'The Perfect Boat' - Page 5 - SailNet Community

   Search Sailnet:

 forums  store  


Quick Menu
Forums           
Articles          
Galleries        
Boat Reviews  
Classifieds     
Search SailNet 
Boat Search (new)

Shop the
SailNet Store
Anchor Locker
Boatbuilding & Repair
Charts
Clothing
Electrical
Electronics
Engine
Hatches and Portlights
Interior And Galley
Maintenance
Marine Electronics
Navigation
Other Items
Plumbing and Pumps
Rigging
Safety
Sailing Hardware
Trailer & Watersports
Clearance Items

Advertise Here






Go Back   SailNet Community > General Interest > General Discussion (sailing related)
 Not a Member? 


Reply
 
LinkBack Thread Tools
  #41  
Old 03-07-2007
Member
 
Join Date: Nov 2006
Location: Beacon, New York
Posts: 652
Thanks: 0
Thanked 0 Times in 0 Posts
Rep Power: 8
Tartan34C will become famous soon enough
Yes, zmfmd has an unusual idea of what makes a perfect boat. But itís his idea of perfection that counts to him.
All the best,
Robert Gainer
Reply With Quote Share with Facebook
  #42  
Old 03-07-2007
sailingdog's Avatar
Telstar 28
 
Join Date: Mar 2006
Location: New England
Posts: 43,291
Thanks: 0
Thanked 9 Times in 9 Posts
Rep Power: 13
sailingdog is just really nice sailingdog is just really nice sailingdog is just really nice sailingdog is just really nice sailingdog is just really nice
I wish him luck...and hope that he figures out how to design the boat he is looking for...
__________________
Sailingdog

To view links or images in signatures your post count must be 10 or greater. You currently have 0 posts.

Telstar 28
New England

You know what the first rule of sailing is? ...Love. You can learn all the math in the 'verse, but you take
a boat to the sea you don't love, she'll shake you off just as sure as the turning of the worlds. Love keeps
her going when she oughta fall down, tells you she's hurting 'fore she keens. Makes her a home.

óCpt. Mal Reynolds, Serenity (edited)

If you're new to the Sailnet Forums... please read this
To view links or images in signatures your post count must be 10 or greater. You currently have 0 posts.
.

StillóDON'T READ THAT POST AGAIN.
Reply With Quote Share with Facebook
  #43  
Old 03-07-2007
Junior Member
 
Join Date: Mar 2007
Posts: 23
Thanks: 0
Thanked 0 Times in 0 Posts
Rep Power: 0
zmfmd is on a distinguished road
Quote:
Originally Posted by sailingdog
Good points Robert...

Part of the real problem is that no one design or solution is really going to be applicable to every use of a boat. Boats are generally designed for the function they are going to be used for. Tugboats are designed with oversized engines, transmissions and props... which would be totally ridiculous on most other boats their size, but completely necessary for them to perform their function.

Most boats do not need to have self-righting, self-bailing, unsinkability, and alternate forms of propulsion as a general rule. Affordability would be a nice feature, but it is often excluded by the design and function of the boat. You can't really design an inexpensive tugboat, since any boat that is sturdy enough and powerful enough to function as a tugboat, is going to be relatively expensive.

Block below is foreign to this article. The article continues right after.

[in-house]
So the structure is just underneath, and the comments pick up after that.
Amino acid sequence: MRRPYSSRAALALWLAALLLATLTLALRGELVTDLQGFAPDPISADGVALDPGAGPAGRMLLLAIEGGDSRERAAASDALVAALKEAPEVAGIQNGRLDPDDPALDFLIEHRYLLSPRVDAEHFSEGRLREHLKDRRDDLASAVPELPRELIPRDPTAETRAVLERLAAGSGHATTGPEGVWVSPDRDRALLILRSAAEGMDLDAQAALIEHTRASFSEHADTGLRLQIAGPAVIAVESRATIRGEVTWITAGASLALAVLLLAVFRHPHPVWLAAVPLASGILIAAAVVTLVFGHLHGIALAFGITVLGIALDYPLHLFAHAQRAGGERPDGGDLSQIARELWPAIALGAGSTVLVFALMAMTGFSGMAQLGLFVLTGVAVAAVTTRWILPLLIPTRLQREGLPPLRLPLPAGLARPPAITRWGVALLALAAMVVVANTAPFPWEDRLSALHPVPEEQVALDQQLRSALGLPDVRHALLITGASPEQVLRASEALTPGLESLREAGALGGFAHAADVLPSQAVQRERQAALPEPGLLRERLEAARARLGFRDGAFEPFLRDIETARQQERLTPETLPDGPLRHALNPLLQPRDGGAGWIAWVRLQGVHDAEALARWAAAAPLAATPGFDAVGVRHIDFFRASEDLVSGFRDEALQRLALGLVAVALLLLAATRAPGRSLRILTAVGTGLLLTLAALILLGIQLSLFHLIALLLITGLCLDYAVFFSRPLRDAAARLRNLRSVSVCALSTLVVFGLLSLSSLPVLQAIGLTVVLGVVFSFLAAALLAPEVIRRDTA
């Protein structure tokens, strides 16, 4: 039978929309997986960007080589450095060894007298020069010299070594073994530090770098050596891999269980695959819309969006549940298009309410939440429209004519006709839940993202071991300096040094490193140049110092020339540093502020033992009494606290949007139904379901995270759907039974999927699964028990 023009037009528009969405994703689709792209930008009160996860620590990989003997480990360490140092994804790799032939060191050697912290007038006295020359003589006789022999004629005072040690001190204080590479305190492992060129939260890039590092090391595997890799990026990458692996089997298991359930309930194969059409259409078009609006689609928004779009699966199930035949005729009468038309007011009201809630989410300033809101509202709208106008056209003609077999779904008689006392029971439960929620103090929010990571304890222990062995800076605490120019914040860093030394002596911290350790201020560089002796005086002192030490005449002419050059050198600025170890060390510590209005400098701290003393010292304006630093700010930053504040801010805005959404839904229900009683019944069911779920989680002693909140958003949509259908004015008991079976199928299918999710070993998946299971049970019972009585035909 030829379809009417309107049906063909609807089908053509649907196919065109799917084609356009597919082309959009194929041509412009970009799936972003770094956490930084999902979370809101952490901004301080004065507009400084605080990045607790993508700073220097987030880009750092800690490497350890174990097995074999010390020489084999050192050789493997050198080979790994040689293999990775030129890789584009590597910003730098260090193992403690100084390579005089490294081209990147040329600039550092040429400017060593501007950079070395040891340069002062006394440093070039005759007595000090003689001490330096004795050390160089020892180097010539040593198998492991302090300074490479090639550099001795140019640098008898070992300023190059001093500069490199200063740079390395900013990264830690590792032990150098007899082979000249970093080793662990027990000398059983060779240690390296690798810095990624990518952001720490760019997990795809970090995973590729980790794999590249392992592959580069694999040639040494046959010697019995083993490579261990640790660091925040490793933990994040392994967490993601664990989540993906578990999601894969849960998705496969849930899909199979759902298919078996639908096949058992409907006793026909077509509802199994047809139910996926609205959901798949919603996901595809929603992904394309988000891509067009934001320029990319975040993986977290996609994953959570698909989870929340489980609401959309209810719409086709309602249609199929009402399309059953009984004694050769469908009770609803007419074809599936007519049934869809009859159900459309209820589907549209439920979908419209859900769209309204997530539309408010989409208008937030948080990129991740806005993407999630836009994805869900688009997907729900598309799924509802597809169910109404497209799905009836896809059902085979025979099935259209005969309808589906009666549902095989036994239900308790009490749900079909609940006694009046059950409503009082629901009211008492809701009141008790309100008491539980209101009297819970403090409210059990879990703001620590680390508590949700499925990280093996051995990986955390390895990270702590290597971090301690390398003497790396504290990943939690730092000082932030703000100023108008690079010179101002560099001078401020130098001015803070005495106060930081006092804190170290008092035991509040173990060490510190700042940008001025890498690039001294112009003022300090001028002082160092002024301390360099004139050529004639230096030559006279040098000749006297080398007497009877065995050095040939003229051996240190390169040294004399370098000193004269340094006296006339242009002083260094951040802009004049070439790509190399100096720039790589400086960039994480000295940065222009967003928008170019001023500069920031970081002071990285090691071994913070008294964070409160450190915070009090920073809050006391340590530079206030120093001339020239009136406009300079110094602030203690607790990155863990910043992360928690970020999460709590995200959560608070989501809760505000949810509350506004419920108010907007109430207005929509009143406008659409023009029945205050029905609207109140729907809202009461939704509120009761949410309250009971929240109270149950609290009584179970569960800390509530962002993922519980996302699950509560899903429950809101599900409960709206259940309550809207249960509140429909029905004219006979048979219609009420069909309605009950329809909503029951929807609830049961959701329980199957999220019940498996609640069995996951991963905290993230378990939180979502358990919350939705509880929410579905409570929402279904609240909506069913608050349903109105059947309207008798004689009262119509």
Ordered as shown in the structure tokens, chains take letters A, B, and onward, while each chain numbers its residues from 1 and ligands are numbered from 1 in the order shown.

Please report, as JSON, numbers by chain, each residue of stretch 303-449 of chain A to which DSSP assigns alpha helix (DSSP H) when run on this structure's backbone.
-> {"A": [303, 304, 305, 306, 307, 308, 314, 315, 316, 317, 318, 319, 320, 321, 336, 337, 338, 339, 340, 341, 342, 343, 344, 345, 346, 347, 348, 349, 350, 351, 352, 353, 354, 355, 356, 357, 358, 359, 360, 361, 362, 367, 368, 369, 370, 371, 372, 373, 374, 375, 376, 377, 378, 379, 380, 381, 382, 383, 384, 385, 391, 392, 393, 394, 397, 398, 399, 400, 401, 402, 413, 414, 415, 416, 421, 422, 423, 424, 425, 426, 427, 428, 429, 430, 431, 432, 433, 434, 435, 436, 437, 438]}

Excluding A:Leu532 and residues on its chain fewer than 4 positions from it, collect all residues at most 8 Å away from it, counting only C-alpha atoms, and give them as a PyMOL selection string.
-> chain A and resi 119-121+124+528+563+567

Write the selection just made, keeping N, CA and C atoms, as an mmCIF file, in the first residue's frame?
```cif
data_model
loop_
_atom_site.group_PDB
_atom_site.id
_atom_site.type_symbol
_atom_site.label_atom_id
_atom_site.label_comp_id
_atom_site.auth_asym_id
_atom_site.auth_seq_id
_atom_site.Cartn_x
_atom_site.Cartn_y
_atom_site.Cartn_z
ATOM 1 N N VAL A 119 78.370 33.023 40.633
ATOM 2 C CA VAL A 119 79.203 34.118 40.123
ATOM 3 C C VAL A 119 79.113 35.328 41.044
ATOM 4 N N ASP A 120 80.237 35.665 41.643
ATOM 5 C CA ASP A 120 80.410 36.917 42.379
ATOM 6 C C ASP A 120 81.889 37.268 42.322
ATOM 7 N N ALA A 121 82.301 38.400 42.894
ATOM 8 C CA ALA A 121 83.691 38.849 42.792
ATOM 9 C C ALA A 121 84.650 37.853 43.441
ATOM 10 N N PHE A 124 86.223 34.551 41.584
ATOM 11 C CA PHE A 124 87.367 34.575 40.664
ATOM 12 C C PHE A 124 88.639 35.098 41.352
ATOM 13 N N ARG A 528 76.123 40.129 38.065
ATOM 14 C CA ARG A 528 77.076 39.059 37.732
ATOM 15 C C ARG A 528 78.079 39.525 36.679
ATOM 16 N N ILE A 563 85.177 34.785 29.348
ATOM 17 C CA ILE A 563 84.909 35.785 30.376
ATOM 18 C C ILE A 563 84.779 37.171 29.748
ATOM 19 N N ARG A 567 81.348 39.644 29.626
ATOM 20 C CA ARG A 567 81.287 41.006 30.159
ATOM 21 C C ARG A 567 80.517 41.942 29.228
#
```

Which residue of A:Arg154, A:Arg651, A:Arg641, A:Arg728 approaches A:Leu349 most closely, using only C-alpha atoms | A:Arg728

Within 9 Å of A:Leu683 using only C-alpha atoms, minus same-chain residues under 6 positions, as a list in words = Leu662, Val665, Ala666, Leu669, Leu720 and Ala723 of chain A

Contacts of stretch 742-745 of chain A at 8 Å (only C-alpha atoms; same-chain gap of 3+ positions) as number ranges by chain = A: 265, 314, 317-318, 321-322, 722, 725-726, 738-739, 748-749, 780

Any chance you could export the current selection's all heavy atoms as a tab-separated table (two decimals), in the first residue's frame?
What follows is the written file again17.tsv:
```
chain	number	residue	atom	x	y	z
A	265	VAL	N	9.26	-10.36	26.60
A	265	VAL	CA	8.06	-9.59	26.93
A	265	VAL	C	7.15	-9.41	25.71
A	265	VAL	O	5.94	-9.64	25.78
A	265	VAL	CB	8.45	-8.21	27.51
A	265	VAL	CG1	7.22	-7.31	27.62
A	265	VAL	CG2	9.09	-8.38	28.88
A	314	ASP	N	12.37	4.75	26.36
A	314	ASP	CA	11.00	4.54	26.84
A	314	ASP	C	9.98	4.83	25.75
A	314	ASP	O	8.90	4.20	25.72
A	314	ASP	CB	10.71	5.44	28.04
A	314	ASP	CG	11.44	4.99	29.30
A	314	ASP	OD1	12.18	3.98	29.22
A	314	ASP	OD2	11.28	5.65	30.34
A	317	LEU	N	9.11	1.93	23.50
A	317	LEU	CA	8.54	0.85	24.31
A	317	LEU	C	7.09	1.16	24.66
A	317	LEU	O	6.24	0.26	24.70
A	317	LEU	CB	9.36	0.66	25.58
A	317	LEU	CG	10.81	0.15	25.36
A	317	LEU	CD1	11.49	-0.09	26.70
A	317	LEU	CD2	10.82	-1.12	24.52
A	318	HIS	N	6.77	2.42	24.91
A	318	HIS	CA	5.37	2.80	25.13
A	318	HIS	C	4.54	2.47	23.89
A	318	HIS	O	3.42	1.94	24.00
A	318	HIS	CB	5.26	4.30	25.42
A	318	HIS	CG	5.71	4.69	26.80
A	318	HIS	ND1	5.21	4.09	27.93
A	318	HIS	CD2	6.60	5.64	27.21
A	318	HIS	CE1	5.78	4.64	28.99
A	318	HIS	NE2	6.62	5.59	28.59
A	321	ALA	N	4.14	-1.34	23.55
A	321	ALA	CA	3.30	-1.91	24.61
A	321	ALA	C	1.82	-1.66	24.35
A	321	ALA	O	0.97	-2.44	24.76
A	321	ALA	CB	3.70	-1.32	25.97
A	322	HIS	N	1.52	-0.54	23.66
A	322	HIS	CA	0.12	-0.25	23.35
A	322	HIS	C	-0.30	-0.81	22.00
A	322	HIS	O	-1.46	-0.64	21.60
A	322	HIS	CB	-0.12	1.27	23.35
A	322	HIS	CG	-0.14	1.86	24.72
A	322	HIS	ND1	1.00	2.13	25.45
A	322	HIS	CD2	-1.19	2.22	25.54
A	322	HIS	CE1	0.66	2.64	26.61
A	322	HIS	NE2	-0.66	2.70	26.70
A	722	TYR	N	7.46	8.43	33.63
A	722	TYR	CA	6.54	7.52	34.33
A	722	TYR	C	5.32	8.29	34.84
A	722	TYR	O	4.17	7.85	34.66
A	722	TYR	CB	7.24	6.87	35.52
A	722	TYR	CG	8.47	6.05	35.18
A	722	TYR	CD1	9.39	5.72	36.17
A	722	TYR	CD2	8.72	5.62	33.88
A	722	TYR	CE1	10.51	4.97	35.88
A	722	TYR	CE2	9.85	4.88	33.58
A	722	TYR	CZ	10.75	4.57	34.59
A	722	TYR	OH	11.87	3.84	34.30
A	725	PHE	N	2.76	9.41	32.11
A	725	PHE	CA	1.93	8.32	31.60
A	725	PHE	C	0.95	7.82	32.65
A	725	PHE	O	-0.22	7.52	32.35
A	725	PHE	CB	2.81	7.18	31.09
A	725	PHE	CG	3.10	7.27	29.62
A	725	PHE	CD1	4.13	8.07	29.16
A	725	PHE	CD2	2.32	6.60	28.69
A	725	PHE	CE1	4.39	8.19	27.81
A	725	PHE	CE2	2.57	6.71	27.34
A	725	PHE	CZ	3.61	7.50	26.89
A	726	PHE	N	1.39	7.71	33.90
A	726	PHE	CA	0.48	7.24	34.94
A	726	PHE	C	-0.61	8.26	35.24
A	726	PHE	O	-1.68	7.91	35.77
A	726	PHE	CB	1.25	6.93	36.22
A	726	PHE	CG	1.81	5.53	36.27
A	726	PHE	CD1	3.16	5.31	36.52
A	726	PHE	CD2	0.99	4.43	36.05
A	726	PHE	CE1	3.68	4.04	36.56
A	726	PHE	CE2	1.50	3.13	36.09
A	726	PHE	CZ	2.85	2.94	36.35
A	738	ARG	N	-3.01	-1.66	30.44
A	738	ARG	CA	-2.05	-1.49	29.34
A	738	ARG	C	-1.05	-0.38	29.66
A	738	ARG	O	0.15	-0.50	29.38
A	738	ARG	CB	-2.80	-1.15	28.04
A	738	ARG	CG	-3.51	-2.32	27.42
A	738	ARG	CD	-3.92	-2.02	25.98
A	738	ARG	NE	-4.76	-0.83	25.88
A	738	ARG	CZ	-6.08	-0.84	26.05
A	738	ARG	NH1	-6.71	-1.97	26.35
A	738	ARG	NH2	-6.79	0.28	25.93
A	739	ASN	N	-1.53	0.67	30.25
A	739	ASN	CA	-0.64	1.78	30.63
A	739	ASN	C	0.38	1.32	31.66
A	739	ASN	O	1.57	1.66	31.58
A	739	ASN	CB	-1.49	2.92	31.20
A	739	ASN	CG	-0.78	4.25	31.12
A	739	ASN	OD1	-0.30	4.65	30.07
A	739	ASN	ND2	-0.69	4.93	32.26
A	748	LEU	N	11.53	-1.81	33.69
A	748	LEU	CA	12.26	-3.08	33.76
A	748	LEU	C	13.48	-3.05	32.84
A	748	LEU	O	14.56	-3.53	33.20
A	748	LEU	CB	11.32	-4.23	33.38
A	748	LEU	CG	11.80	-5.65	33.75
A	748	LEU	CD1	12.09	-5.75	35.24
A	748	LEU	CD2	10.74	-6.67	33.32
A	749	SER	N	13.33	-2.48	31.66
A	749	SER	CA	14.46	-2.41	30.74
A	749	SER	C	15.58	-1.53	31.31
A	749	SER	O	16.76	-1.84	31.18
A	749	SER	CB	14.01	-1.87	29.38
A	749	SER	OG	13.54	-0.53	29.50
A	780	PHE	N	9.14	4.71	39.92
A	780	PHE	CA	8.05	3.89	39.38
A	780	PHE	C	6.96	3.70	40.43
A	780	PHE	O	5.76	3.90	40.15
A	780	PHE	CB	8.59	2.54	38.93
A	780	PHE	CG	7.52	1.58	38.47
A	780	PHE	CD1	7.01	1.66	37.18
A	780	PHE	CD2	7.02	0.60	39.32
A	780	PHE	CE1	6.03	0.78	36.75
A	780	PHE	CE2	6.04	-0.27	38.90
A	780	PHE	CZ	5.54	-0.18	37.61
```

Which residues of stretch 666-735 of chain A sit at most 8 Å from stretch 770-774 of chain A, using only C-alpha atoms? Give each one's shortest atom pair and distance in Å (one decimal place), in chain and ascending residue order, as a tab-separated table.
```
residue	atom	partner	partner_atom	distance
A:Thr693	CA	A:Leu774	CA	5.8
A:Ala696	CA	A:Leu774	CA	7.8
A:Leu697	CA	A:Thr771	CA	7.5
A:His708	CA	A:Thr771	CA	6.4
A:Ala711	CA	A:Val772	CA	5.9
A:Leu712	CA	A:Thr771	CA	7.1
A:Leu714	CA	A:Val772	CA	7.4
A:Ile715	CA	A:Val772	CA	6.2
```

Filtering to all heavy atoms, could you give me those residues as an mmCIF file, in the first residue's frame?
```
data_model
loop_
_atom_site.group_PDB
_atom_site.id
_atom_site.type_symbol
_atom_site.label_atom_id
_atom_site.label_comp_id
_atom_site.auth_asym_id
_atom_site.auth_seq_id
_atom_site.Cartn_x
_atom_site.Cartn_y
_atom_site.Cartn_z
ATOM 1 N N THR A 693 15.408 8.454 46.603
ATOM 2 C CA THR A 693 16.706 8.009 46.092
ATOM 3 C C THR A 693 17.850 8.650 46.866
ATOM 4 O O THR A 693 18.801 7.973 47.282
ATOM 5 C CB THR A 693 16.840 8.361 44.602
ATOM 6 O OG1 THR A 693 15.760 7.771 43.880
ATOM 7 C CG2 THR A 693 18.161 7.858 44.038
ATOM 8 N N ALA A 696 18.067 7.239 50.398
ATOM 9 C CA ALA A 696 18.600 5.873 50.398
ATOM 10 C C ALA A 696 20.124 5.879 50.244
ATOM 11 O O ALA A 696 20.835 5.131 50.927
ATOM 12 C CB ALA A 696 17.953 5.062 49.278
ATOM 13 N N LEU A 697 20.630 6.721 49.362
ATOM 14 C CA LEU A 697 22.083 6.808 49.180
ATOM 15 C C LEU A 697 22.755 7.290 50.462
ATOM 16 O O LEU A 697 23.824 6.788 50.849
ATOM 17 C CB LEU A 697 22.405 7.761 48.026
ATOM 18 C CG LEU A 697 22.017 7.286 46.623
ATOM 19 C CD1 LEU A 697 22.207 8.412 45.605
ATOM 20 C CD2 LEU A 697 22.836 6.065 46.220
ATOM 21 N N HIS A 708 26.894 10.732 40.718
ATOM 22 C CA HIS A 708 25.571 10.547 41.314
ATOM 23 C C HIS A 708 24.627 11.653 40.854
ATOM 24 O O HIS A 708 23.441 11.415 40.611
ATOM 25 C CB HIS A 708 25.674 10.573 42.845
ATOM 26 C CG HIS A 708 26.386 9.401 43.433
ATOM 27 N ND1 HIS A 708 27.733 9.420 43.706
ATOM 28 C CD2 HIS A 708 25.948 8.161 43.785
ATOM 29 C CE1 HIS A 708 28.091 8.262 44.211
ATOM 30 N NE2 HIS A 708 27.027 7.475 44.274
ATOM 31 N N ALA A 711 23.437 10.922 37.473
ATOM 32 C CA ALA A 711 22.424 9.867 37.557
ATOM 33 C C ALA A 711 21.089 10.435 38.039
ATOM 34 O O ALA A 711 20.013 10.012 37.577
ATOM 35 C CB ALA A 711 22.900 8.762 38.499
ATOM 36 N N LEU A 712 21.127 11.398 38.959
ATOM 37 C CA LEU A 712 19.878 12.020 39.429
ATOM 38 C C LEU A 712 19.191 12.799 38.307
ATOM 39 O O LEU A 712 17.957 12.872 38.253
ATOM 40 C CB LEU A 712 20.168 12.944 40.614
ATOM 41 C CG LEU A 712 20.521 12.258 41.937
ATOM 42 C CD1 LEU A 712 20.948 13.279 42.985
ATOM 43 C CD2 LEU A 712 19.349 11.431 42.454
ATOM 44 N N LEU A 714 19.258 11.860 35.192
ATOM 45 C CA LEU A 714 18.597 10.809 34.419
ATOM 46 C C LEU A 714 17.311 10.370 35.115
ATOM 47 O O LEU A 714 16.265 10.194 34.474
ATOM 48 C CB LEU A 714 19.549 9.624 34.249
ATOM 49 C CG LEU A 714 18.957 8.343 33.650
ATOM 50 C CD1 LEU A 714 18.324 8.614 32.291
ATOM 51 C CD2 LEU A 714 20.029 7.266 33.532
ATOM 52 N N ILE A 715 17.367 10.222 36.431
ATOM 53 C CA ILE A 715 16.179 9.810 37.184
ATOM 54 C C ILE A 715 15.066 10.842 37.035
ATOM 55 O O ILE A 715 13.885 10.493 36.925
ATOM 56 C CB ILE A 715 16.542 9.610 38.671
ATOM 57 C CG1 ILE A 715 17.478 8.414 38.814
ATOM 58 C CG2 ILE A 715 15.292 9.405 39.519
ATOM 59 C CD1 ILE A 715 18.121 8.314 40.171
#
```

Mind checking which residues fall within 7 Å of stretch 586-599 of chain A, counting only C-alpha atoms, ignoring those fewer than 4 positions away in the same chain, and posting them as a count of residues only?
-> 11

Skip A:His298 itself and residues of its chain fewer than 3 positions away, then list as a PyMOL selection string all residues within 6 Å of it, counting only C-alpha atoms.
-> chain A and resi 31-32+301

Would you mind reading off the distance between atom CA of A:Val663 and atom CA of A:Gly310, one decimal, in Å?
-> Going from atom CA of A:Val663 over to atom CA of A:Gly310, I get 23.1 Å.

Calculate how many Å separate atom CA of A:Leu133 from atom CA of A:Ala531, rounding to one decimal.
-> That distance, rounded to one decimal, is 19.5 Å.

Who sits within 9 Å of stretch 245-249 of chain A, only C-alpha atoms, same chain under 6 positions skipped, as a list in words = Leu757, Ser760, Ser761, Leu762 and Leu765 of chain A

This is true of most designs... and it just seems to me that zmfmd has an unrealistic idea that there is a perfect boat, in the Platonic idea of perfection. No boat is perfect, and no boat can be perfect for all purposes. Different functions will have different requirements, and some of those requirements are less useful for boats with other functions as their priority.
I cant understand why my boat with the criteria of being unsinkable/selfrighting/selfbailingl with multiple propulsion system and affordable so unusual....remember such a boat does exist, and its the lifeboats we mentioned in earlier posts. I noticed you keep mentioning that it should be designed for a specific purpose..like the tug-boat example you gave..and i would add other examples like a race boat (speed), trawlers, cargo etc..well my is desighned with specific purpose..and that is SAFTY. Just imagin i call you over to a marina and show a boat..20 ft long, and i tell you it has all the above criteria (and regarding the propulsion system it has a 40hp outboard, and in a long copartment at the bottom has a pole that could retracted upwards to be rigged with a simple sail, and beside it oars, both of which could be used as backup s)...and i tell it costs (without the motor) 6000 US$ (six thousand $). Now this is a realistic figure..would you still oppose its production?...and if i tell you will be used by most fishermen all over the world particularly in the developing countries..and statistically it would save several hundred live annually..would you still think its an unusual or impracticle idea?
Reply With Quote Share with Facebook
  #44  
Old 03-08-2007
Junior Member
 
Join Date: Mar 2007
Posts: 23
Thanks: 0
Thanked 0 Times in 0 Posts
Rep Power: 0
zmfmd is on a distinguished road
Quote:
Originally Posted by Tartan34C
www.fao.org/docrep/003/t0530e/t0530e00.htm
www.fao.org/docrep/007/y5649e/y5649e00.htm

Just to get you started and give you a way to get in touch with the group that did the work for the UN. I donít know much about the project but one of the people at work is familiar with the project and I will ask him about it tomorrow.

Rolf Eliason is the author of the article in Professional Boatbuilder. He did some work on designing self righting into boats and may be a good source of information.
All the best,
Robert Gainer.
great links..interestingly the last few pages in the wooden design shows a very simple sail rig as a backup..and another fig. to make a shelter to protect from rain or sun..
i trie to look at more publications but not able to..do i have to be a member or something?
So going back to my vision of the "safest boat" (note the change?!..the i like the"perfect Boat" better..no matter..do you have any ideas as to how to start making the first prototype?..i can start a "workshop" on my own and finf a proffessional in the fiberglass business, and modify a 20 footer boat..or find a boat manufacturer to do it ..or sponcer it..etc..you see i have no idea about these things..
Reply With Quote Share with Facebook
  #45  
Old 03-08-2007
sailingdog's Avatar
Telstar 28
 
Join Date: Mar 2006
Location: New England
Posts: 43,291
Thanks: 0
Thanked 9 Times in 9 Posts
Rep Power: 13
sailingdog is just really nice sailingdog is just really nice sailingdog is just really nice sailingdog is just really nice sailingdog is just really nice
Zmfdm-

Most of those lifeboats, that are used by the RNLI and USCG are far from affordable.